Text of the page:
Total Solar Eclipse on August 21, 2017

A total solar eclipse will occur across parts of the United States on August 21st, 2017. The path of totality will cross over the following states: Oregon, Idaho, Wyoming, Nebraska, Kansas, Missouri, Illinois, Kentucky, Tennessee, Georgia, North Carolina, and South Carolina.

The total eclipse over the U.S. will begin at 10:15am PDT in Oregon, and the totality will end at 2:48pm EDT near the city of Charleston, South Carolina. And, according to NASA, the total eclipse will take approximately one hour and forty minutes to cross the nation.

Use our Interactive Current and Future Radar when planning to observe the eclipse on August 21.

Below is an animation compiled by NASA that plots a time series and graph of where and when the eclipse will occur, particularly the path of totality. The entire nation will be able to observe the eclipse, regardless of its phase (weather permitting).

What is a Solar Eclipse?

A solar eclipse occurs when the sun, moon, and earth, align in that order. This is otherwise known as a syzygy, or the alignment of celestial bodies such as planets, moons, and stars. The solar eclipse will be a lifetime experience for some, as the eclipse will begin along the Pacific coast of Oregon at sunrise. According to astronomers and eclipse observers, that is something that has rarely been seen throughout previous total solar eclipse events. 

Satellite image of the shadow of a solar eclipse occurring over the Pacific Ocean. Image credit: NASA/Himawari-8

What Causes an Eclipse?

This animation, created by NASA, shows how the sun, moon, and earth align during a solar eclipse.

Below is a schematic of the syzygy, and illustrates how the sun, moon, and earth, will perfectly align such that the moon will cast its shadow completely over the path of totality as it crosses the United States on August 21st. The next total solar eclipse will occur in the United States on April 8th, 2024.

Illustration of the alignment of the sun, moon, and earth, which will result in a total solar eclipse across the U.S. on August 21st, 2017. Credit: Harrison Sincavage

How to Safely View the Eclipse

Preparation for the solar eclipse is necessary for viewing. The entire country will be able to view the eclipse in at least a partial phase, weather permitting. No matter if you are spectating it in the path of totality, or in its partial path, you should never look at the sun without proper eye protection.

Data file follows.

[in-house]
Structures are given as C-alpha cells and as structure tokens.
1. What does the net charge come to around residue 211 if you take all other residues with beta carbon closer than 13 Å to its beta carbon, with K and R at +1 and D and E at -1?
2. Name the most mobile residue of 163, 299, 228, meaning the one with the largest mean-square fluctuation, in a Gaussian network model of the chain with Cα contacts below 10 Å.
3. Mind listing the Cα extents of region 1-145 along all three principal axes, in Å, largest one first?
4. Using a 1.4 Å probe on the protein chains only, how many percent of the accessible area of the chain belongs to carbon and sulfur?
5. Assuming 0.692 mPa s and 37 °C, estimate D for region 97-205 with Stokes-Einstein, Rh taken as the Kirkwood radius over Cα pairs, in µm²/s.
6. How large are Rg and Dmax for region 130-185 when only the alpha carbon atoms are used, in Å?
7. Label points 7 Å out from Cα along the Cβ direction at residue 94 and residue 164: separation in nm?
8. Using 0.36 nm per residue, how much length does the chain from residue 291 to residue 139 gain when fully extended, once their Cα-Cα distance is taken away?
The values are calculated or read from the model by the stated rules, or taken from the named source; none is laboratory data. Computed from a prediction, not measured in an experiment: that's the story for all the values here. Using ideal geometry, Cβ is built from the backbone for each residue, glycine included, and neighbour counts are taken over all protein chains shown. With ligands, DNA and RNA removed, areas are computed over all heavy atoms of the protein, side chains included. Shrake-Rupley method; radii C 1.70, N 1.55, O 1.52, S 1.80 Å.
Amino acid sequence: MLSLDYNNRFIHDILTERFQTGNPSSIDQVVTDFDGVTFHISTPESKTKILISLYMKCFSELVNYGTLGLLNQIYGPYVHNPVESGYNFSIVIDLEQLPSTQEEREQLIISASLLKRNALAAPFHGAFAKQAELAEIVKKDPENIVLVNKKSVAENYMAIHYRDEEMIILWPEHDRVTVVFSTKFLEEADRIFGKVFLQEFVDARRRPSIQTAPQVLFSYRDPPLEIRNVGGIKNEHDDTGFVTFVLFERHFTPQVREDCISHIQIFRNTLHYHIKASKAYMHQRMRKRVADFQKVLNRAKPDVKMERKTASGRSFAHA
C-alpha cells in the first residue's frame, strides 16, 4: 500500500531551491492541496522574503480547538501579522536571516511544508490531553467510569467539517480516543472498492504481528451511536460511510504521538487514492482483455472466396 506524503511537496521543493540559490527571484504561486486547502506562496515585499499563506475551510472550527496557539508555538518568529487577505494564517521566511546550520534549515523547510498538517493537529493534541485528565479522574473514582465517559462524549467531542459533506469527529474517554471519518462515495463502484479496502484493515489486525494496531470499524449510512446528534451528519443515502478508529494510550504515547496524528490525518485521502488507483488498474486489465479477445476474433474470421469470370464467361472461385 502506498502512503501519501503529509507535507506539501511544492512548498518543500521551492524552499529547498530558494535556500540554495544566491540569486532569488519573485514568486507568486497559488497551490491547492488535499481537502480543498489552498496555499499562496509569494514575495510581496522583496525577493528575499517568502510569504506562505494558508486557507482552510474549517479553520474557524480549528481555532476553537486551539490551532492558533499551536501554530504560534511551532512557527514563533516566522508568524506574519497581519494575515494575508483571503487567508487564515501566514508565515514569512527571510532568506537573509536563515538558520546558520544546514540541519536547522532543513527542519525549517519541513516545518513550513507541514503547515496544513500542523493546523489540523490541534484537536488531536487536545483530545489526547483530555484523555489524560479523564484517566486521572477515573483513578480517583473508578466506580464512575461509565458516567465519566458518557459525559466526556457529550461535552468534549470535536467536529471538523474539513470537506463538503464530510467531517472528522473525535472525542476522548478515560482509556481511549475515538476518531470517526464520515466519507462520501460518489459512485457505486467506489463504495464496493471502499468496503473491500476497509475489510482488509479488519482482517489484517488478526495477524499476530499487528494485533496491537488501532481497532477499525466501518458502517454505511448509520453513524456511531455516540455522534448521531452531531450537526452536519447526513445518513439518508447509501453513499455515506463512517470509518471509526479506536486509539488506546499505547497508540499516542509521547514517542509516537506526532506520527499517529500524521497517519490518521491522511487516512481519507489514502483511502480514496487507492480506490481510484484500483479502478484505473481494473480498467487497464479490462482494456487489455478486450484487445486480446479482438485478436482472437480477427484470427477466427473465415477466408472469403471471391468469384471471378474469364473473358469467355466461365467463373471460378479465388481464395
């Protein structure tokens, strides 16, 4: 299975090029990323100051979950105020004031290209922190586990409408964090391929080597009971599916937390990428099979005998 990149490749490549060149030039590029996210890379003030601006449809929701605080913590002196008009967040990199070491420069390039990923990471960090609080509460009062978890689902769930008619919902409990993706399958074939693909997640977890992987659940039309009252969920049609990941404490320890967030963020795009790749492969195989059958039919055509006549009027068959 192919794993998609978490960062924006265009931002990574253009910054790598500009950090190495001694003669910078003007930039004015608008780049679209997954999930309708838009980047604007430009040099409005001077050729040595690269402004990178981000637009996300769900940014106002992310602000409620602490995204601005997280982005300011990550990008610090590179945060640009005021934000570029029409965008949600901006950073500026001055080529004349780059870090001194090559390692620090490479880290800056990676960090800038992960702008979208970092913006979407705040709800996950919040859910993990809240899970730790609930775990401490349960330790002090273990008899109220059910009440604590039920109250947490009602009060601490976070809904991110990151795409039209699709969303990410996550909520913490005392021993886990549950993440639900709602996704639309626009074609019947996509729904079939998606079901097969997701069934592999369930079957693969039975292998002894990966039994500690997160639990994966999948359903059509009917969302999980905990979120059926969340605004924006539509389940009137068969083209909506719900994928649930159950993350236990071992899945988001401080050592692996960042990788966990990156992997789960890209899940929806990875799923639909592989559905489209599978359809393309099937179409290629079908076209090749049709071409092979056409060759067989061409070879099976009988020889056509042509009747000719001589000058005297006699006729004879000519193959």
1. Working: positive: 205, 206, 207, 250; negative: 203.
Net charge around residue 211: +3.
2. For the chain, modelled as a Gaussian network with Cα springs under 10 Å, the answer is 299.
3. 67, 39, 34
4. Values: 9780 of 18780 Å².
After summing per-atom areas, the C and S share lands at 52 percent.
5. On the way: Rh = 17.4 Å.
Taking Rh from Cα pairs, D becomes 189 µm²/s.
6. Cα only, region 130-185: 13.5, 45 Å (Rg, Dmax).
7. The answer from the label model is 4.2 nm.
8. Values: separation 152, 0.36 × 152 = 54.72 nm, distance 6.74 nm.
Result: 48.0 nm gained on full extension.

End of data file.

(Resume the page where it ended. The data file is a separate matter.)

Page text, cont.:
Custom eclipse-viewing glasses can be found at several online stores, and they are necessary for observing the eclipse with the naked eye. Here is a statement issued by NASA about solar eclipse glasses.

Did You Know?   During World War I, a solar eclipse occurred across Europe on August 21st, 1914 (103 years to date of the upcoming eclipse). German astronomers set out to observe the eclipse and prove the theory of general relativity proposed by Albert Einstein. However, as opposition military forces proliferated, the leader of the expedition, Erwin Finlay-Freundlich, was held captive in Russia rendering him unable to conduct his experiments. An American astronomer William Wallace Campbell, was permitted to continue, but overcast blocked his view of the eclipse that day. Another eclipse 5 years later on May 29, 1919 gave Sir Arthur Eddington, an English astronomer, physicist, and mathematician, the opportunity to definitively prove Albert Einstein’s general theory of relativity.

Map of the Solar Eclipse Path on August 21, 2017

Path of eclipse on August 21, 2017, occurring from northwest to southeast, with totality occurring in the shaded area along the path. Map Credit: NASA.

Map of the solar eclipse path of totality and its partial phases, including the percentage of the sun that will be eclipsed by the moon. Image credit: NASA

Eclipse Interest Correlates Strongly with the Path of Totality

As the eclipse date approaches, many people are searching Google for information about it.  The following visualization provided by Google Trends shows the strong correlation between Google search queries about the upcoming eclipse and the path of totality.

County-level interest about the eclipse correlates highly with the path of totality. Credit: Google Trends

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